Episode 388: Ranking the Street Fighter Games Based on Their Mechanics


Street Fighter V is finally coming to a close. While nothing has explicitly been said by Capcom, it’s safe to assume Street Fighter V is in its twilight days. The game will get a last hurrah with a bunch of new characters, like Dan, Rose, Oro and Akira, a bunch of new costumes along with a final tweak to the game’s mechanics. That’s what I got from the Tokyo Game Show panel earlier this October.

That last bit of information, the one regarding the new gameplay mechanic did get me thinking about Street Fighter’s history of always trying something different or adding some new thing into the fighting engine when they have a new numbered entry. I can’t really think of any other fighting game series who does this.

This did get me thinking about which game in the series has the best gameplay mechanics. With so many entries, there are bound to be some that worked like gangbusters while others just fizzled out. So, this week, I decided to take a look back at Capcom’s storied fighting game franchise and rank each game based on their mechanics. I know, it sounds weird but you’ll understand when you look at the list. I’ll also be excluding the first Street Fighter game because, well, it’s basically garbage now. You know I’m right!

Oh, and I’ll be combining all the numbered games and ranking them in one position because, well, there are just too many spinoffs to talk about each and ever one! Also be forewarned this list is going to ruffle more than a few feathers because this is my personal opinion.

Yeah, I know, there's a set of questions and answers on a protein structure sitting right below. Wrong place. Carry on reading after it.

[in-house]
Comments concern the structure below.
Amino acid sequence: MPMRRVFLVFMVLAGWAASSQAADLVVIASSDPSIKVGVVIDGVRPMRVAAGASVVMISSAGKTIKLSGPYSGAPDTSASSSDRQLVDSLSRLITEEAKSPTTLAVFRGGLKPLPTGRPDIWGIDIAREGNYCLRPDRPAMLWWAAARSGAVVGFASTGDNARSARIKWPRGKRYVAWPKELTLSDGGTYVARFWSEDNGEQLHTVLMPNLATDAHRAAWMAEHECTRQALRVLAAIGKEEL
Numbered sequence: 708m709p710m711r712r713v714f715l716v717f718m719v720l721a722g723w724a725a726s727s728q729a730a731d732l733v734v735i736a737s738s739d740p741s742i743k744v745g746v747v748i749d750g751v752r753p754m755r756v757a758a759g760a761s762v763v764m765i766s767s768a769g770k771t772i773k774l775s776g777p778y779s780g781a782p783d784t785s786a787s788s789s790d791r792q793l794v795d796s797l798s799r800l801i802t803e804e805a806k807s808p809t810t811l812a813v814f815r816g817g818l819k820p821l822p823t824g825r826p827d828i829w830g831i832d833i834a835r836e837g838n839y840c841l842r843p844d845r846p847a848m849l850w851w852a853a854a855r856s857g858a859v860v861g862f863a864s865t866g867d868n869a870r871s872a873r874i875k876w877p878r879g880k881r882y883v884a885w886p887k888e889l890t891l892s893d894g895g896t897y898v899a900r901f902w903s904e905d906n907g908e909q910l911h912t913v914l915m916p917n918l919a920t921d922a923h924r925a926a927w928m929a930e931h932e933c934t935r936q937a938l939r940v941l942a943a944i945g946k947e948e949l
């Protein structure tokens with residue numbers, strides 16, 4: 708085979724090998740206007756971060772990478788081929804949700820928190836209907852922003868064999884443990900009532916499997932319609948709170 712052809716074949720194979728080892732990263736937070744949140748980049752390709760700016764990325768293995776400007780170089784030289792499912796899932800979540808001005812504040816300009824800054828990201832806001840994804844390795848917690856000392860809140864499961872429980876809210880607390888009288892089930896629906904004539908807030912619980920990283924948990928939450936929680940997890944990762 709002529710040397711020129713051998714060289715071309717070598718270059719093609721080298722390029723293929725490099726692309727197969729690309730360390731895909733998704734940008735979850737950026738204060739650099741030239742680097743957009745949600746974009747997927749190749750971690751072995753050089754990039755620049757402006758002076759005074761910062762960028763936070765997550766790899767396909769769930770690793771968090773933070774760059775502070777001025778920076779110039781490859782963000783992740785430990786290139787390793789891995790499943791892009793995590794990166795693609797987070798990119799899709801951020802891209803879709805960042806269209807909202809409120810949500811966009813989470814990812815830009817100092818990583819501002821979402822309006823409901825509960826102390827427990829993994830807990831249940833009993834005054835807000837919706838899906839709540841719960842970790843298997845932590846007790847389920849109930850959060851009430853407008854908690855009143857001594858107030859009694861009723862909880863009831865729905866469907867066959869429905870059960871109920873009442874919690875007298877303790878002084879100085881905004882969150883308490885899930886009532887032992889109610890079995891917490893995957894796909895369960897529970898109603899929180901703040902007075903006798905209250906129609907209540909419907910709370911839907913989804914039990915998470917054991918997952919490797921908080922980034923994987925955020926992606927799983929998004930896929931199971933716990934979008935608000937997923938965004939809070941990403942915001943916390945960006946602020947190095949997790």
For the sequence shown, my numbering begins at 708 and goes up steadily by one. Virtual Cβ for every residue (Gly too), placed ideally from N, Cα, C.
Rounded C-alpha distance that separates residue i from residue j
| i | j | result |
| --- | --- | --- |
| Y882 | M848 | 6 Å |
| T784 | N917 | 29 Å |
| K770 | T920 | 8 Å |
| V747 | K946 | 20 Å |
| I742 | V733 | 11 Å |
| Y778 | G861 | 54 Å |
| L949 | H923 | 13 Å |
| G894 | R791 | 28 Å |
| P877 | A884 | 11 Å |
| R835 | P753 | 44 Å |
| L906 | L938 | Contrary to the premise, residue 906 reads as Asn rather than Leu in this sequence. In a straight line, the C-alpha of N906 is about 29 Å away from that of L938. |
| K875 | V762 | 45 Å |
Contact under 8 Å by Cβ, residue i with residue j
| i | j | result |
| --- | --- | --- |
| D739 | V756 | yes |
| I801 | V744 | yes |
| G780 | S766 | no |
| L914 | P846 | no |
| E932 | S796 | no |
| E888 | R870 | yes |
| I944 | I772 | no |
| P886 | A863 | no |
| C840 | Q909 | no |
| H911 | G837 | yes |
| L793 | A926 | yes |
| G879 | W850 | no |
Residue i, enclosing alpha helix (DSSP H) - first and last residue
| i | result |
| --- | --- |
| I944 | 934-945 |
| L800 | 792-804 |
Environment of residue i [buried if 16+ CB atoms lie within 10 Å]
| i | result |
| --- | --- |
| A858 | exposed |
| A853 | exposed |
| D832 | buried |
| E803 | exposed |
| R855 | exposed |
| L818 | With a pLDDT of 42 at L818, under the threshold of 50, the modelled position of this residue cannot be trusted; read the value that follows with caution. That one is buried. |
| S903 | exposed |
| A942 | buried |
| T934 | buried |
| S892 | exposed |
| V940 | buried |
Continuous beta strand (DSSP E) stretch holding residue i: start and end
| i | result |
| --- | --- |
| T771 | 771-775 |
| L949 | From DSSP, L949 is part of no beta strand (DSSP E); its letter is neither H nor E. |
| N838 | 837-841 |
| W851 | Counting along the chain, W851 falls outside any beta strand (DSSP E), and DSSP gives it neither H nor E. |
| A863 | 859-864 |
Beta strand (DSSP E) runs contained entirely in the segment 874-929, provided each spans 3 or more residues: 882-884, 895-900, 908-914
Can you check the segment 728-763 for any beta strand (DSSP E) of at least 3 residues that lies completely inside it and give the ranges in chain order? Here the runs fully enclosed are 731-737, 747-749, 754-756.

#5 Street Fighter III

See? I know a lot of fans a fuming at the fact this is the worst Street Fighter game on my list!

Now, I know a lot of hardcore fans will say the Street Fighter III lineage of games are the best ones Capcom has pumped out. I will admit, there is a lot to like here. The game introduced some interesting game mechanics, like picking what Super Art to use, leading to some limited customization and counterpicking. I also love how this introduced EX moves wherein you can use up some of your Super bar to power up a special attack. It also was the first game in the Street Fighter franchise to introduce dashing. It’s also the only Street Fighter game that has a super jump, which can be useful in the right hands.

The crown jewel of the Street Fighter III fighting engine is undoubtedly the Parry system. This allowed all characters, with a flick of the joystick, to deflect any strike your opponent throws your way. Even multiple attacks from Super Art Combos can be parried under the right hands. This can lead to some extreme comebacks and hype moments. EVO Moment #37, anyone?